I wrote two weeks ago that photography has a disadvantage of being based on reality. Something has to be in front of the camera for a photograph to result. If this is a negative, why is photography my chosen medium? For precisely the same reason—that photography is based on reality.
Compared to other visual arts, photography is the closest to reality. I want my artwork to have a semblance of reality, such that the viewer has to wonder whether the artwork is “real or not.” I want viewers to feel like they are in a dream. And the way I achieve this dream-like feeling is through my process.
I mentioned a while back that I use photographs as raw material. This is why I don’t post work-in-progress images. Camera images are essentially unfinished. The transformation from raw materials to the finished image of The Unremembered Gate is pretty stark:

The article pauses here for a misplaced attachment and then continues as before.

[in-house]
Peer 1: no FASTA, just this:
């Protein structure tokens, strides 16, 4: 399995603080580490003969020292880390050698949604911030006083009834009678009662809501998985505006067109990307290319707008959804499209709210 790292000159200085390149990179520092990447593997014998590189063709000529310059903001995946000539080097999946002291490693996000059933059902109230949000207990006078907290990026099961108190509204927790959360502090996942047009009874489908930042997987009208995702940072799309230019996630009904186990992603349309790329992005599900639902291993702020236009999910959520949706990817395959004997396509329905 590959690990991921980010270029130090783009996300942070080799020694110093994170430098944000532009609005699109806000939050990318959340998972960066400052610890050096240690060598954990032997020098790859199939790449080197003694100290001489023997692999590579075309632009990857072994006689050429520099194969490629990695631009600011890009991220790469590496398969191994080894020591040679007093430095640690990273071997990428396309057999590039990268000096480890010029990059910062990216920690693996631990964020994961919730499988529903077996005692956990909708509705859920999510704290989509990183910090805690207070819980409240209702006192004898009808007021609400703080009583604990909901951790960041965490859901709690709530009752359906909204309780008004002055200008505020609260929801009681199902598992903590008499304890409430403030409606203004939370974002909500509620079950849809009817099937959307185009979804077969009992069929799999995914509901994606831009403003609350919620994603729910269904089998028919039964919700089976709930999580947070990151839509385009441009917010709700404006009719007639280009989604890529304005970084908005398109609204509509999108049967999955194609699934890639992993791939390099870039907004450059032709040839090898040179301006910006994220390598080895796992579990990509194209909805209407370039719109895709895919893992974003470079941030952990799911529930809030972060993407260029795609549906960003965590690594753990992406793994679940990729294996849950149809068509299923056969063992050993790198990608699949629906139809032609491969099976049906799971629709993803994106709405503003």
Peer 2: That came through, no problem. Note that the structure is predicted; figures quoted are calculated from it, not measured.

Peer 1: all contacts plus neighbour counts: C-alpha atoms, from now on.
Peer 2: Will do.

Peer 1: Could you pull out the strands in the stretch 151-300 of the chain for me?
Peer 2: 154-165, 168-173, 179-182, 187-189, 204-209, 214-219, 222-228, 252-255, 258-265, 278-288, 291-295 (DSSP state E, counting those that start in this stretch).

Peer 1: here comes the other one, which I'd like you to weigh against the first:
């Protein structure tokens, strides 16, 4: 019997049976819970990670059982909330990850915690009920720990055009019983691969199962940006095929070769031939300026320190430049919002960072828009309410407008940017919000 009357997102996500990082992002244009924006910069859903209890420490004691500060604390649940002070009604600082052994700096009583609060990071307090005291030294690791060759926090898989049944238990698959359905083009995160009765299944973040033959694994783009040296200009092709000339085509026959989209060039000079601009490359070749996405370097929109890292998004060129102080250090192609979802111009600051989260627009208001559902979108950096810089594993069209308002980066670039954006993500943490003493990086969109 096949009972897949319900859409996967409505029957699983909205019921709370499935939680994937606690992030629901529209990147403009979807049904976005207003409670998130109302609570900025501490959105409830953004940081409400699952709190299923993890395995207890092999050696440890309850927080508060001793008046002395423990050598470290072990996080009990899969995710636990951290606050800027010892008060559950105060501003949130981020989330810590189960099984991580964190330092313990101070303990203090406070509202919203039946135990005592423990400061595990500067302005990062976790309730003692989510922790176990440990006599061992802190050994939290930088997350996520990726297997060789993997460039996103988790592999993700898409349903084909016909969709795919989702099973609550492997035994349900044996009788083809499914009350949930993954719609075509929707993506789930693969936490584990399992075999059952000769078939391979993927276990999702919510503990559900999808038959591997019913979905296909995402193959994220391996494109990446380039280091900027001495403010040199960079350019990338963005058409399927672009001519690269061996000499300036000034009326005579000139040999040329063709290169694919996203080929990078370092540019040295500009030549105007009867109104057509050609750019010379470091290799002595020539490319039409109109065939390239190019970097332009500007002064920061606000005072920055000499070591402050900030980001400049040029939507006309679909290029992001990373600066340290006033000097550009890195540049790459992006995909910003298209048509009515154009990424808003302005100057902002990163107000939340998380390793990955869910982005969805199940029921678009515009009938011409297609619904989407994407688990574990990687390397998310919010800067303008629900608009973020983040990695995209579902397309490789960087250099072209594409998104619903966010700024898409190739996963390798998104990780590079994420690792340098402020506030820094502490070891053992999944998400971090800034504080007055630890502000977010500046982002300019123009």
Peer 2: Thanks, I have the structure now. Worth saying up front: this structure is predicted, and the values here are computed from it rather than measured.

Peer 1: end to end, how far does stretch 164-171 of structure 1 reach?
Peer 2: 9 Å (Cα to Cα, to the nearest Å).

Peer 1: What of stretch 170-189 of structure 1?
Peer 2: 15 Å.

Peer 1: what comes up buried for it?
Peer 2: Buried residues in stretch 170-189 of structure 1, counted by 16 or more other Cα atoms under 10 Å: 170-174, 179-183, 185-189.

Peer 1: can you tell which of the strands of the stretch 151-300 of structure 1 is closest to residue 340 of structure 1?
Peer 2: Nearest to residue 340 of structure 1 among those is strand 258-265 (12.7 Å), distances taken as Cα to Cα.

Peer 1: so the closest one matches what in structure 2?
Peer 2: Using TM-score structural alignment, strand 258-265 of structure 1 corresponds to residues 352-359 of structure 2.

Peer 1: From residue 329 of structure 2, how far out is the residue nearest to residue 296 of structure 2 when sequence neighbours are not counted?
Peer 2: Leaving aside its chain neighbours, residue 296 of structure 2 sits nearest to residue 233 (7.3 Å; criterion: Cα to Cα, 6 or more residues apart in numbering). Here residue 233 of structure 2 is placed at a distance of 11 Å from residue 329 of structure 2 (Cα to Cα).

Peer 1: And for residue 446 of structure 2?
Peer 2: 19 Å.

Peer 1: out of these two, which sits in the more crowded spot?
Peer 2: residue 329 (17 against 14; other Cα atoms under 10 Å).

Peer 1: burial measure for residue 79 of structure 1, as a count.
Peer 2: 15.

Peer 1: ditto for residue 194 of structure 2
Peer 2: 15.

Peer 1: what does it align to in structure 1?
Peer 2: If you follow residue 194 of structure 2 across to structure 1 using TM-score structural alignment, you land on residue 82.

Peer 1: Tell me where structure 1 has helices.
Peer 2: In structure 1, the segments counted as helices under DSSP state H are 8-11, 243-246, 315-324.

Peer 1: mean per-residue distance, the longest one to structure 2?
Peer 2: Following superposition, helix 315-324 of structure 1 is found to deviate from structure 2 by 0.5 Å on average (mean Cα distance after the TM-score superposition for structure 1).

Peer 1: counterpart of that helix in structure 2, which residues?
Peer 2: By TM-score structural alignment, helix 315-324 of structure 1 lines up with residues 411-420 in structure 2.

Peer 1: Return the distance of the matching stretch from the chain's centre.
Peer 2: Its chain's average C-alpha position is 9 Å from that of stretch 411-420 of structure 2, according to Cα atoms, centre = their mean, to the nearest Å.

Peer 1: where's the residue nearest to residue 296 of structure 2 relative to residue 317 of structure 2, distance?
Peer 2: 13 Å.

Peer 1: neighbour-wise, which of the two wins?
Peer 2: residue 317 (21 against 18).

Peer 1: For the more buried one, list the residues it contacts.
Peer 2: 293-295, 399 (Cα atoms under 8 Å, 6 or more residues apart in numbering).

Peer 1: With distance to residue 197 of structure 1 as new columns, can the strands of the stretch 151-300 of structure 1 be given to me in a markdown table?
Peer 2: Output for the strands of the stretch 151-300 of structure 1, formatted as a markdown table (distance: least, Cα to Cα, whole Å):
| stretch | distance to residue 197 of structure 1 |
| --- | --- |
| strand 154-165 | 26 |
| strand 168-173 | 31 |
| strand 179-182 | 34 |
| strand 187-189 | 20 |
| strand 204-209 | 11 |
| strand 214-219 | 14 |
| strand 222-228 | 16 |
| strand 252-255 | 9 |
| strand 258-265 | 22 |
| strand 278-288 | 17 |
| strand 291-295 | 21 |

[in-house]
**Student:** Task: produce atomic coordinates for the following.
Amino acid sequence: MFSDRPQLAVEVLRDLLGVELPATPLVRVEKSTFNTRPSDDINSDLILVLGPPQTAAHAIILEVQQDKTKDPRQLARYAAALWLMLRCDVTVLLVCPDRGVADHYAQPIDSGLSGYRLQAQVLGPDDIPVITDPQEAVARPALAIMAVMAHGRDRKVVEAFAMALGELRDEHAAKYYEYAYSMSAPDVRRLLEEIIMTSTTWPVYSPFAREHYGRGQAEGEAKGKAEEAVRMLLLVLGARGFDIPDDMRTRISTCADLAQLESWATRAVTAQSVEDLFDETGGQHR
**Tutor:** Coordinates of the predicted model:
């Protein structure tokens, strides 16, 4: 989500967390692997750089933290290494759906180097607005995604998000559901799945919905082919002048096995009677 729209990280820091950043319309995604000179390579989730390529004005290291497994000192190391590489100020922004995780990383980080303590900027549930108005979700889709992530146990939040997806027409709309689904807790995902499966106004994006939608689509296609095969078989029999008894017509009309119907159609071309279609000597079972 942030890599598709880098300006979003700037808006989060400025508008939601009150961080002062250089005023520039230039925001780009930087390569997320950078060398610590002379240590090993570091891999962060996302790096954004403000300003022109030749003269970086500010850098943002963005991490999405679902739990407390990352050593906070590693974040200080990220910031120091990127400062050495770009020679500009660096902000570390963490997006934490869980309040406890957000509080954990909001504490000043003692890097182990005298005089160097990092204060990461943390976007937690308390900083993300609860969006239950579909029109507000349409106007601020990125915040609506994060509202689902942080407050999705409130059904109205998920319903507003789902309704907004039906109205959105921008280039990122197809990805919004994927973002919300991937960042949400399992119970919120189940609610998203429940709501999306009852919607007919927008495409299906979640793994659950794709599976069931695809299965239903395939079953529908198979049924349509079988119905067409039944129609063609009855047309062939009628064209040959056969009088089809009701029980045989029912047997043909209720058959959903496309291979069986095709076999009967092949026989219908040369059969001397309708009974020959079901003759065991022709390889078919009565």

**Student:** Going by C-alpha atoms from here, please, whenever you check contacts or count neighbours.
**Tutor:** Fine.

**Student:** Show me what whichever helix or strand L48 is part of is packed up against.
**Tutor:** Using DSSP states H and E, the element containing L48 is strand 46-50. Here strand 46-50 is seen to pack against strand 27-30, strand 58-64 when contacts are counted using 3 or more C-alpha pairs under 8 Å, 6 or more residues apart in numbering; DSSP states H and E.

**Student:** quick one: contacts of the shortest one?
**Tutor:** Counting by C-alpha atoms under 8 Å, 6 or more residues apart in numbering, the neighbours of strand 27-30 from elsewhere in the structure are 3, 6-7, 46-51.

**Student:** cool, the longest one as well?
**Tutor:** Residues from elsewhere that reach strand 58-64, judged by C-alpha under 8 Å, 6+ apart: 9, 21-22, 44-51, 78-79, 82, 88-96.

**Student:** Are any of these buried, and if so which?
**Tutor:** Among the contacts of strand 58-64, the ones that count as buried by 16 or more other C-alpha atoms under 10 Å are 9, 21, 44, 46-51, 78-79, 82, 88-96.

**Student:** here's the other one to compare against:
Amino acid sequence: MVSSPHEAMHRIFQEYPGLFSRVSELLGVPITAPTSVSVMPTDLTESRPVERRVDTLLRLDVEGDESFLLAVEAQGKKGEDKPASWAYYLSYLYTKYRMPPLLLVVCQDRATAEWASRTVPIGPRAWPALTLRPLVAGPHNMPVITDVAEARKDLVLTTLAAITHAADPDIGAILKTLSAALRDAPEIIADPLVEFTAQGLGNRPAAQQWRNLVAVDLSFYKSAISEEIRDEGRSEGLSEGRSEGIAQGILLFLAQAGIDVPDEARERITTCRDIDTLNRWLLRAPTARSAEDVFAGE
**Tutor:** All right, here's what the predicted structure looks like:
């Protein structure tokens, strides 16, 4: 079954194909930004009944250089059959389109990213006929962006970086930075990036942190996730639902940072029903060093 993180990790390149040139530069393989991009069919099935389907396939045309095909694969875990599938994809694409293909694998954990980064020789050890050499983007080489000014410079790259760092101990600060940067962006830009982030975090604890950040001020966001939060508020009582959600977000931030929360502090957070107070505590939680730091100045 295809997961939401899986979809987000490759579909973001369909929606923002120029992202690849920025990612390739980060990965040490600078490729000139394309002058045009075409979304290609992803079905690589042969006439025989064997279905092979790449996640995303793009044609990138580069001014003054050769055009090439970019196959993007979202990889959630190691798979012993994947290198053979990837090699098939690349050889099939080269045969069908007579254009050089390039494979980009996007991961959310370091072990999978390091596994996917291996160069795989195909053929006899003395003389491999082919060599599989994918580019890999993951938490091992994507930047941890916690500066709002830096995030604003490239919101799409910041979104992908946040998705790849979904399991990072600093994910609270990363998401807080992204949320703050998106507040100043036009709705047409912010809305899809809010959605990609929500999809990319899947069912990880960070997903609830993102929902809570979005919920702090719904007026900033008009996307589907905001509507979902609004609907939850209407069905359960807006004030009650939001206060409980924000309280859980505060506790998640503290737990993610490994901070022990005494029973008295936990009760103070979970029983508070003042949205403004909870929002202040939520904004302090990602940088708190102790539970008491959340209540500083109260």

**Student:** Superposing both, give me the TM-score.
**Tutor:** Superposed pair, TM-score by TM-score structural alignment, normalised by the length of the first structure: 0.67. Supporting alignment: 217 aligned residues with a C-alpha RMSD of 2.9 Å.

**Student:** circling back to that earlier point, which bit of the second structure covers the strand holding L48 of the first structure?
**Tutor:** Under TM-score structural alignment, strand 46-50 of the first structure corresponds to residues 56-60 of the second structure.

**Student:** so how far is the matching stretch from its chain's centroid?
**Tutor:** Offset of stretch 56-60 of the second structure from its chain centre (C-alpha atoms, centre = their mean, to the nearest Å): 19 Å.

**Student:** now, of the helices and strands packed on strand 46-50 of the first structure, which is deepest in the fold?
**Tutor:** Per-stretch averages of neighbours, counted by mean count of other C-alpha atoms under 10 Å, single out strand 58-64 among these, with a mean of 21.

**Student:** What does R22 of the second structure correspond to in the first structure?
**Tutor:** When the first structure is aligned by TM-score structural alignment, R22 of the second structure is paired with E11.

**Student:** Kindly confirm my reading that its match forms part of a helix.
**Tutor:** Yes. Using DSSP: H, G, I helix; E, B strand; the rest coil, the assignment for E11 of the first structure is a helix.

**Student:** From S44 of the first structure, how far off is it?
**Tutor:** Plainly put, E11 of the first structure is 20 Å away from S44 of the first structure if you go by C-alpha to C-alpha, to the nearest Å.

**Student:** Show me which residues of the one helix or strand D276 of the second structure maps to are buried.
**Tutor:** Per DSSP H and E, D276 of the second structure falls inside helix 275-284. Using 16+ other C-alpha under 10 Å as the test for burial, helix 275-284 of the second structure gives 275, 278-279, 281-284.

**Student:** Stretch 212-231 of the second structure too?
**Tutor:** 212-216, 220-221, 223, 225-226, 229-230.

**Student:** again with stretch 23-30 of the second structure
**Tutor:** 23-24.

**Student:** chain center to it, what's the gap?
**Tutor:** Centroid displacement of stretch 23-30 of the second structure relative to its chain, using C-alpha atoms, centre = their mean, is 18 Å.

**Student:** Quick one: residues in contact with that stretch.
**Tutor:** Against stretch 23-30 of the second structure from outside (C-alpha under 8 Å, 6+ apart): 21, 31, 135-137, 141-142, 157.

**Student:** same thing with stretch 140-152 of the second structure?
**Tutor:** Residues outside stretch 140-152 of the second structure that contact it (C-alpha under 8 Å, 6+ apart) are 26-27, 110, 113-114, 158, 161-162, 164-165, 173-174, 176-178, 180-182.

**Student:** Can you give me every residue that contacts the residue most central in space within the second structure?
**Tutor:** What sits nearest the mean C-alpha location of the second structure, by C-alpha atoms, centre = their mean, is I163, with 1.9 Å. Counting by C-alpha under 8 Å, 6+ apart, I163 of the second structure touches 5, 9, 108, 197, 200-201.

Raw material #1 of sky and the trees, as shown above, comes from an image that I took in a southeastern Maryland golf course!
Raw material #2 is a gate I found around my Baltimore neighborhood. I loved the medieval character of this gate.
Juxtaposed together, I get the final image:
When I took the image of the sky, I didn’t know that it would end up in the final image. I love creating work where I don’t actually know what the final picture will look like–until the moment I create it. I like to create a final image that did not exist in front of the camera.
My work is printed not in color or black & white but using the cyanotype printing process. More than any other printing process, the cyanotype blue heightens the dream-like feeling that I’m going for in my artwork.
To what end?
To elicit a sense of awe, which is one of the purposes of myth.